Apple's unveiling of its iPhone 5S is expected Sept. 10, just six days after Samsung's launch in Germany of its next Galaxy gadget, probably a Note III smartphone-tablet.
While the two products aren't directly comparable, the timing of the two announcements is another reminder of the intense rivalry between Apple and Samsung. The South Korean device maker is clearly putting pressure on Apple to produce exciting new products at each launch and to differentiate iPhones from a wide range of Android phones made by Samsung and others, analysts said.
"Even though the [new Samsung and Apple] phones aren't directly comparable, Samsung's launch timing was designed to steal attention away from Apple's new iPhones," said Patrick Moorhead, an analyst at Moor Insights & Strategy. "Samsung didn't want to give Apple an unencumbered path to receive all the week's attention."
Cupertino, Calif.-based Apple hasn't confirmed its launch date or what it will launch, although AllThingsD cited unnamed sources sources saying the next iPhone will be launched Sept. 10.
Samsung all but said recently that it will launch a Galaxy Note IIIsmartphone- tablet, putting it in the category commonly called a phablet. Analysts still count the Note devices in the smartphone group, however. The device is expected to have a writing stylus that reports say will work on a 6.3-in. touchscreen, compared with the current iPhone 5's 4-in. screen.
Samsung makes a number of smartphones, and the Galaxy S4 is the closest to the iPhone 5. The next-generation successor to the S4 is expected next year.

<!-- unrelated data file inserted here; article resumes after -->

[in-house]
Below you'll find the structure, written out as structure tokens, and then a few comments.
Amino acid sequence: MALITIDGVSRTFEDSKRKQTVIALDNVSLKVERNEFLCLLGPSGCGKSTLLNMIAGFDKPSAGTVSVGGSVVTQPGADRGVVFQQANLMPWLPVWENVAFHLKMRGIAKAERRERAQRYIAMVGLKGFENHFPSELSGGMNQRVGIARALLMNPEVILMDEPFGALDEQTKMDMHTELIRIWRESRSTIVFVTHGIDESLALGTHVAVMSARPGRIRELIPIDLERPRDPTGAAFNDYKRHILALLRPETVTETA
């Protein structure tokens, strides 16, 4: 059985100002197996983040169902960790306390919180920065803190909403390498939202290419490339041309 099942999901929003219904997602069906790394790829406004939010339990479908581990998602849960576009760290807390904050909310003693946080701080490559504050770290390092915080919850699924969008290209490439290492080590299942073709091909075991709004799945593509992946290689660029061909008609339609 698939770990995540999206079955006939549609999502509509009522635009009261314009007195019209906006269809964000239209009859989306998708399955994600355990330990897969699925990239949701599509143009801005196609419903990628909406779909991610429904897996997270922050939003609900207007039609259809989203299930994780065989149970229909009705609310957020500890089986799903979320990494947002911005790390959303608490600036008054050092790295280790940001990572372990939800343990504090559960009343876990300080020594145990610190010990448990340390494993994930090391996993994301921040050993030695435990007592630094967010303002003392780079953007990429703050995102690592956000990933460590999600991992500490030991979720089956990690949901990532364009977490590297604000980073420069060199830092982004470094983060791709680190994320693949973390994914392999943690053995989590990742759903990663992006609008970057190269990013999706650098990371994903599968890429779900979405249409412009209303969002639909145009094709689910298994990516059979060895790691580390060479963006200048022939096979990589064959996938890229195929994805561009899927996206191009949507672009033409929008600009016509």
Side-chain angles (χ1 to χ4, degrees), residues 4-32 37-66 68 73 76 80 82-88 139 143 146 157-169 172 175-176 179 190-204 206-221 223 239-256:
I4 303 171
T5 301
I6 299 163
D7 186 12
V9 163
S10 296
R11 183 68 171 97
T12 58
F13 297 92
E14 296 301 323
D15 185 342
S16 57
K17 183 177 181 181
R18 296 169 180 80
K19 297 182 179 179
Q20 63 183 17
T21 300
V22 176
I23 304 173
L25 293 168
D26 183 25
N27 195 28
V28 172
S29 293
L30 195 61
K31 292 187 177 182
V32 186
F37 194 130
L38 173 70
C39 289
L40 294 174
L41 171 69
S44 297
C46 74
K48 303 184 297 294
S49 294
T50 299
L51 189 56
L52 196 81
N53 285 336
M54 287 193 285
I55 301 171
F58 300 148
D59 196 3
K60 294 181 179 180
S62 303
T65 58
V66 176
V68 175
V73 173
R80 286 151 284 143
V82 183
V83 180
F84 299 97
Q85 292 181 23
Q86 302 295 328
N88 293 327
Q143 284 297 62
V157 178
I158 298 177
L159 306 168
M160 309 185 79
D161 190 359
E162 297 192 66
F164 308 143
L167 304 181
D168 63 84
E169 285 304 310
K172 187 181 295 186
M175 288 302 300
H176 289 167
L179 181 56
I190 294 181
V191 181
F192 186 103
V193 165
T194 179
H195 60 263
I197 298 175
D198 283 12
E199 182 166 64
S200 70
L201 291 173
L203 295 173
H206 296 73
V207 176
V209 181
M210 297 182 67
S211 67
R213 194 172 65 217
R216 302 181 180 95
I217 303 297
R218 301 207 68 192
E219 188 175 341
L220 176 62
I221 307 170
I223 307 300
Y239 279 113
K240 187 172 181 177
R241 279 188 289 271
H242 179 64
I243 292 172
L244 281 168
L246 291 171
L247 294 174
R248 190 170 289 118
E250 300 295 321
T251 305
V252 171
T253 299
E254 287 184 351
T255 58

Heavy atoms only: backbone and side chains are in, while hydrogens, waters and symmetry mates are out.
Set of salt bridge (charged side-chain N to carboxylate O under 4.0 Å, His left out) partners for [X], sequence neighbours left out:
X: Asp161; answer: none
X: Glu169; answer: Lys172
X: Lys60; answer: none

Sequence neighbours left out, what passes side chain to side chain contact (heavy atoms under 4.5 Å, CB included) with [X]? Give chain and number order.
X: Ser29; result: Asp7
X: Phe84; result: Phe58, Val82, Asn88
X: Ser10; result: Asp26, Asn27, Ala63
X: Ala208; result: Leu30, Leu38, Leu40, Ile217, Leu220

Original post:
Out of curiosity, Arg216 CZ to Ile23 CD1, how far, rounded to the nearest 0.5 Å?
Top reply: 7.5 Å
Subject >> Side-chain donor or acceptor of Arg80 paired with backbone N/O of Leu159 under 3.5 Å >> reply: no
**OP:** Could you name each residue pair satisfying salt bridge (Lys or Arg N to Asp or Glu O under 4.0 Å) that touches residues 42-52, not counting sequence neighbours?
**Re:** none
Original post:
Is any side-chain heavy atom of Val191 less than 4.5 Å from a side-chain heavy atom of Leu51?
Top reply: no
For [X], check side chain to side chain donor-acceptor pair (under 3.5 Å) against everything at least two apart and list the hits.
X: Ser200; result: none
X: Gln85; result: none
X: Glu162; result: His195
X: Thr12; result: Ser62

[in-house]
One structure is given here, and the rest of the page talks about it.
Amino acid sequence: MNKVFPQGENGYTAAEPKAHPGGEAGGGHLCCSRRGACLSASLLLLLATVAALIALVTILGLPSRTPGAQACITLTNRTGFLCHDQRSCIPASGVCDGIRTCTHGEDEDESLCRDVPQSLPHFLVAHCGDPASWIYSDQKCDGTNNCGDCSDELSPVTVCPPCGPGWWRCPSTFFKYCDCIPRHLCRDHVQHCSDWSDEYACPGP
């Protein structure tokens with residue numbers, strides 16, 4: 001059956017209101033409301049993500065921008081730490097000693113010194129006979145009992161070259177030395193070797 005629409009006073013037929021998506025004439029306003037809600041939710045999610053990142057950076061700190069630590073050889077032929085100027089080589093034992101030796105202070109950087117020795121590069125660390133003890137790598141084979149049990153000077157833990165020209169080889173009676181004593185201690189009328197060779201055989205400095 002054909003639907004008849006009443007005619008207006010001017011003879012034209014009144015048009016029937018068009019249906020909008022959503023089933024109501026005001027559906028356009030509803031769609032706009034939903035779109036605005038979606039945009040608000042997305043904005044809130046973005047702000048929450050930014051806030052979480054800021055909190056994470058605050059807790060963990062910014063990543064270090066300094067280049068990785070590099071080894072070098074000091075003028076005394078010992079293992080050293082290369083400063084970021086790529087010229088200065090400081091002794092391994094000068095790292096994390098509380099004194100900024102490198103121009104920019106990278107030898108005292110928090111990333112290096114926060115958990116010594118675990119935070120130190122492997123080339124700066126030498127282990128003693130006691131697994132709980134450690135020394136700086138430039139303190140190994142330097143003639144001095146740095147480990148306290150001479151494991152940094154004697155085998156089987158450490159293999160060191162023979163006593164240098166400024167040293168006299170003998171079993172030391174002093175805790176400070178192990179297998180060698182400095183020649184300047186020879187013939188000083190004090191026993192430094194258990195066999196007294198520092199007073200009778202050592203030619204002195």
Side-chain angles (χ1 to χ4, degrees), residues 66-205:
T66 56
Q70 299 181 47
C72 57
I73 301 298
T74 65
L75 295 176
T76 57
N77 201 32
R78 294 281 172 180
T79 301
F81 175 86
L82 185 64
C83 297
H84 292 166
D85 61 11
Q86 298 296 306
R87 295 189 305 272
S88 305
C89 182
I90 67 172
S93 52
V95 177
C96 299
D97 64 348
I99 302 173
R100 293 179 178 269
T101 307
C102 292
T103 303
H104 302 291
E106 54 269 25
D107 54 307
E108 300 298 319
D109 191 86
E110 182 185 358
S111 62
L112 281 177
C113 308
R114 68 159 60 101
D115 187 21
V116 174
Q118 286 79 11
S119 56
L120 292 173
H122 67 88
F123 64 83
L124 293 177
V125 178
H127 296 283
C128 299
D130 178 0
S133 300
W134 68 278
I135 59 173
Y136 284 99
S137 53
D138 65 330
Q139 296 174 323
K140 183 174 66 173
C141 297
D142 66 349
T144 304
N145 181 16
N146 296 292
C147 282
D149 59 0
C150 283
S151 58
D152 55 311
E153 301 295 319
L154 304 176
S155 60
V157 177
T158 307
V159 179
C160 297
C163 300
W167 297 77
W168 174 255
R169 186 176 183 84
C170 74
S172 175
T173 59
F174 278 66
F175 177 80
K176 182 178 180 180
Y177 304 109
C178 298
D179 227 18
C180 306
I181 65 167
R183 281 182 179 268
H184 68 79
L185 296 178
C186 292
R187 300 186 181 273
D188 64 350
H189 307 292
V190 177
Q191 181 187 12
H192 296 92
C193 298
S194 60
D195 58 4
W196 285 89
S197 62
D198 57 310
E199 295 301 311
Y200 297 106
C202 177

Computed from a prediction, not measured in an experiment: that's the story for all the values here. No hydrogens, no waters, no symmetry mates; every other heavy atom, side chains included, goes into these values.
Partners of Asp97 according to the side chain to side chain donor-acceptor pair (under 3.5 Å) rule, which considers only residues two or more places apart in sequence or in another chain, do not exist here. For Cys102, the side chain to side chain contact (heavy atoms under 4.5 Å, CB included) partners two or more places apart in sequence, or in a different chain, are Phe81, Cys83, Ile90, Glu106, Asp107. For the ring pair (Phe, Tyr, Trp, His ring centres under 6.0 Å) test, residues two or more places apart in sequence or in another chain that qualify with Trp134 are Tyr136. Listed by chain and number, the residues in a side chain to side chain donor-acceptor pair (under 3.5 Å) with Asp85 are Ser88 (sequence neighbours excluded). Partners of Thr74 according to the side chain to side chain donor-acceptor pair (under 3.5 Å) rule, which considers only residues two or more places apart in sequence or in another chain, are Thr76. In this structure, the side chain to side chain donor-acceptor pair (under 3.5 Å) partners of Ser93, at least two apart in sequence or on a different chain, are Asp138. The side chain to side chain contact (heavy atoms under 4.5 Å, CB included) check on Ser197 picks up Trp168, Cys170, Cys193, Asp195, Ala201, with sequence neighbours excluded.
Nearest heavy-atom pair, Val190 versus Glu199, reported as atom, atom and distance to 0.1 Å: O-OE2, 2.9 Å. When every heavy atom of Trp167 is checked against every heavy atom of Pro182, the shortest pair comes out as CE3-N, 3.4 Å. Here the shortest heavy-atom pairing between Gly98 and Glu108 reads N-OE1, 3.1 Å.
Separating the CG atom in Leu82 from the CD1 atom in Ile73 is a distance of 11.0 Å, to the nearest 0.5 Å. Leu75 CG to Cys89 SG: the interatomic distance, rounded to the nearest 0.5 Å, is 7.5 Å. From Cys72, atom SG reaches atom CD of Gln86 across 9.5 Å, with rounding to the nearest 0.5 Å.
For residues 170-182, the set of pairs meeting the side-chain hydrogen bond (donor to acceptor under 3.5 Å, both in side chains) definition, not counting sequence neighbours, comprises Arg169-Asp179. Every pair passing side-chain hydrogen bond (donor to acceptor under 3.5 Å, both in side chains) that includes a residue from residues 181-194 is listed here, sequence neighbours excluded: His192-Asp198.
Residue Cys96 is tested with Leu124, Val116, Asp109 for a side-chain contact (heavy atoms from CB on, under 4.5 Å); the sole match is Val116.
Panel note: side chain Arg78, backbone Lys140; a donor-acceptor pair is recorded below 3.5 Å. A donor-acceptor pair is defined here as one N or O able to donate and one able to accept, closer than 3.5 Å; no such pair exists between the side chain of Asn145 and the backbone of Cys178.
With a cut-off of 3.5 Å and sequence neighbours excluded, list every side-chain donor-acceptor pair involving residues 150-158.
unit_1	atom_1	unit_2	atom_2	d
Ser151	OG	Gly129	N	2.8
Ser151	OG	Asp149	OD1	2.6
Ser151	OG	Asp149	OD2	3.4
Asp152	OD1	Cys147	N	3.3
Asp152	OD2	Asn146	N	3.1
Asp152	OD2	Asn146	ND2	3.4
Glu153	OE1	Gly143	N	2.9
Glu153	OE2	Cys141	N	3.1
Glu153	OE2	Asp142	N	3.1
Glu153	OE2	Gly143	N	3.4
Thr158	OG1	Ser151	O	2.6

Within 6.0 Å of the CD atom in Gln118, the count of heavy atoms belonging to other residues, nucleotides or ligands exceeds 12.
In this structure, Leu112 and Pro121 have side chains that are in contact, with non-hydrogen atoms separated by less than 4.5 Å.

Globally, Samsung sells more than double the number of smartphones as Apple, but in the U.S., Apple still has sizable marketing allure over the Seoul-based Samsung since Apple is based in California and created the first idyllic iPhone six years ago, analysts said.
Samsung shipped 73 million smartphones in the second quarter, making it the largest Android maker by far, while Apple shipped 31.2 million, iPhones, IDC said last week.
Jeff Kagan, an independent analyst, said Samsung, with its Sept. 4 Galaxy launch in Berlin, stands to "steal a bit of thunder from Apple, but does it really matter? No....There's a difference between an Apple fan and a Google Android fan -- most have a definite preference."
Still, Samsung and Apple are clearly locked in "an all-out battle for supremacy in the smartphone handset market," Kagan added.
How important will the two September launches and early weeks of marketing be in the continuing Samsung-Apple competition?
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